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At 11 p.m. local time on January 31, 2020, nearly three and a half years after the original Brexit referendum was voted on, the United Kingdom is set to leave the European Union. Since the referendum, the UK has been through two general elections and had three different prime ministers.
The UK’s current prime minister, Boris Johnson, made “getting Brexit done” a central promise of his election campaign in the lead up to the Conservative Party’s historic victory in December 2019. While Johnson is now set to deliver on that promise, much remains uncertain about what comes next.
What will happen on January 31?
In the simplest terms, essentially nothing will happen when the clock strikes 11 on the evening of January 31. Despite Johnson having triumphantly claimed that the UK has “crossed the Brexit finish line”, a lengthy transition period was built into the UK-EU withdrawal agreement. Until December 31, 2020, the UK is still subject to EU rules and will remain in the EU single market and customs union.
The transition period (or “implementation period”) was initially established by Johnson’s predecessor, Theresa May. If the UK had left the EU in March 2019, per the original schedule, it would have given the two political bodies 21 months to negotiate trade deals and shore up their political relationship.
However, May was unable to complete the Brexit deal and it fell to Johnson to get enough support in Parliament to officially pass a Withdrawal Agreement. Now, the UK has eleven months in which to complete negotiations.
While the average British citizen won’t see a difference when they awake on February 1, some changes will have taken place on a political level. The UK will no longer have any Members in the European Parliament (MEPs), nor will any UK national ministers take part in the EU Council. In short, the UK will no longer have a say in EU laws and regulations.
Trade negotiations between the UK and EU
A major concern going forward is figuring out a trade deal between the UK and EU. As part of the union, the UK negotiated trade collectively with the other 27 countries. Now, though, the UK will have to establish a deal with the EU that provides for fair trade between the entities, including tariffs on goods crossing from the EU to the UK, and vice versa.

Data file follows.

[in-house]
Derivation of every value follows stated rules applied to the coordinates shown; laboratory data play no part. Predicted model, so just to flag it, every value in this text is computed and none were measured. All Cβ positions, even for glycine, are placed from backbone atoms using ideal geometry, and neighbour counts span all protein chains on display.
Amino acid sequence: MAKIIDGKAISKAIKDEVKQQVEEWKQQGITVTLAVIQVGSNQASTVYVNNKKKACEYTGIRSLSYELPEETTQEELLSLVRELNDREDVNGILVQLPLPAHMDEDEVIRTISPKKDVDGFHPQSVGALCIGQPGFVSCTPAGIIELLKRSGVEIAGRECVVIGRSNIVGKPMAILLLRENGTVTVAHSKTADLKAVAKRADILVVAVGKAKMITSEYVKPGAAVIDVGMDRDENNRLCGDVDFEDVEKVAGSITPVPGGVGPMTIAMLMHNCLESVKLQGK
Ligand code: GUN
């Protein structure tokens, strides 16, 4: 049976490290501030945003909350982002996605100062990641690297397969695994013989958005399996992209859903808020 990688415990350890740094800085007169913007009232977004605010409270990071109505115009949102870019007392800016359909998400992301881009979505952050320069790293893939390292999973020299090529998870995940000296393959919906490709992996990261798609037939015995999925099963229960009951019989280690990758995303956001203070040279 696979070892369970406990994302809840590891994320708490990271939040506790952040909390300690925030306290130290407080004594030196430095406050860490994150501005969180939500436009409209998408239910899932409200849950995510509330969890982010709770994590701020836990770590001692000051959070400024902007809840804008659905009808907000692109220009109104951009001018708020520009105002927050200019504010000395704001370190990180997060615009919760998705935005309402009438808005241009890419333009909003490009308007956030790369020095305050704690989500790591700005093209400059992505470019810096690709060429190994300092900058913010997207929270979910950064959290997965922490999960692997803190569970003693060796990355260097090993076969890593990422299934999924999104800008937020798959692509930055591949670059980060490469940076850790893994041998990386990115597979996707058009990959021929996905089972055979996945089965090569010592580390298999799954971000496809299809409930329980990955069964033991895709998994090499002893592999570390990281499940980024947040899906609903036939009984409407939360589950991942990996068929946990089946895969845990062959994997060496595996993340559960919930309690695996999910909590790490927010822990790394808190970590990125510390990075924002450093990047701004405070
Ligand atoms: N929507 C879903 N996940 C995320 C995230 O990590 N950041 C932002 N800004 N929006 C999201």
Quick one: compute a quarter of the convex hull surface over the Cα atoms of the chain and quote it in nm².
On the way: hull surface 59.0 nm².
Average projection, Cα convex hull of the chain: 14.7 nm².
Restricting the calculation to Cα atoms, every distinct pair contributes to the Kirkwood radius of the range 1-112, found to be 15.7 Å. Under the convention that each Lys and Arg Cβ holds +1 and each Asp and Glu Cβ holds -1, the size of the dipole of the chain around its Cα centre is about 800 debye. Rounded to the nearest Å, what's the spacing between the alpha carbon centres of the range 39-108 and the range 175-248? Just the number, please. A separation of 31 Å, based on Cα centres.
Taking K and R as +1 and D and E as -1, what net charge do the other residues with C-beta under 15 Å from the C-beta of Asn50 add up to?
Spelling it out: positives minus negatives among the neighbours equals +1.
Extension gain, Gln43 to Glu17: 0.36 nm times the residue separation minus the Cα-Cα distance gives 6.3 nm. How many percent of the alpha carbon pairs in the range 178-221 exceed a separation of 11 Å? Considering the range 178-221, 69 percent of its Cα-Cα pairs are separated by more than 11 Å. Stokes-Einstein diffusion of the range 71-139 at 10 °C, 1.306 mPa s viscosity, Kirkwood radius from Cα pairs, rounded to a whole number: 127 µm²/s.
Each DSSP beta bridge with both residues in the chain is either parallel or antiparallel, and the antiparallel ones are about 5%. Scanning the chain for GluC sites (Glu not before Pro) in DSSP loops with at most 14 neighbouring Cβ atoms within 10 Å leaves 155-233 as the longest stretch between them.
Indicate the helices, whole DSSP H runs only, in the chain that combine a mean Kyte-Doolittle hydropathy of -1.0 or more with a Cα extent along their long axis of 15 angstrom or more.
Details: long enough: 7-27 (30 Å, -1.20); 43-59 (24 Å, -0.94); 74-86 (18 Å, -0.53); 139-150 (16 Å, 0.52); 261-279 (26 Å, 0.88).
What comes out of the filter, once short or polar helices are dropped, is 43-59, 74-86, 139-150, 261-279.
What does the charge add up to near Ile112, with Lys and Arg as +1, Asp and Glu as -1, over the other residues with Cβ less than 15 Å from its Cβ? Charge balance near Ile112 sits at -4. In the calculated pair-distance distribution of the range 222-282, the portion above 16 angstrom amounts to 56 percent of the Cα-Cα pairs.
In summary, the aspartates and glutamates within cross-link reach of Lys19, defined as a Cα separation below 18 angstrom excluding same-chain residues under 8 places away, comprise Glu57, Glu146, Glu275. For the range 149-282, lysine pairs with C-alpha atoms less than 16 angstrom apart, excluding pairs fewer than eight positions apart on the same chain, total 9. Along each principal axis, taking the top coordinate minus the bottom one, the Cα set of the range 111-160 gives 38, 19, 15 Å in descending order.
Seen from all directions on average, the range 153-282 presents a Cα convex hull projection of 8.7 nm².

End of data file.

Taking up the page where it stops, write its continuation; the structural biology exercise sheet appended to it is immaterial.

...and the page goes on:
The negotiations are set to start on March 3, which gives the two parties ten months to come to an agreement on a complex issue. Experts are concerned that the UK could hit a “cliff edge” without a trade deal in place that would end up hurting the economy, specifically affecting companies that do business abroad or have a workforce in other countries.
What will happen to citizens of the UK and EU?
One of the most contentious issues for the Leave campaign was the level of immigration from EU countries. At the time of the vote, there were 3.3 million citizens from other EU countries living in the UK, compared to 1.2 million British citizens living in other EU countries. Once the Brexit deadline passes, the status of both groups will remain temporarily uncertain.
That is because the transition period also applies to the various citizens living abroad. That means that until 2021, UK citizens in other countries, and EU nationals in the UK, will continue to live under the same rules as they did prior to Brexit. The transition period will be used to figure out the next steps.
In some cases, countries have indicated what could happen. For instance, Spain has already voted to protect the rights of the more than 300,000 Britons in the country. However, the Spanish government has said it is dependent on the UK reciprocating with similar protections for Spanish citizens living in Great Britain.
How did the UK get here?
When the UK joined the EU (then the European Economic Community) in 1973, political pressure brought about a referendum to let the public vote on whether the country would stay in the bloc. At that time, more than 67% of the country voted to remain in the EEC. Four decades later, similar political pressure led then-Prime Minister David Cameron to call for another referendum on membership in the EU.
Prior to the vote, the opposing sides of the issue formed into competing campaigns: Vote Leave and Britain Stronger In Europe (commonly called Remainers). One of the most vocal Leavers was Boris Johnson, the former mayor of London who became prime minister in 2019.
With roughly 72% of the country voting on June 23, 2016, the Leave campaign narrowly beat the Remainers 52% to 48%. Cameron has said he regrets having called for the referendum and that he didn’t work hard enough to ensure the Remain campaign won.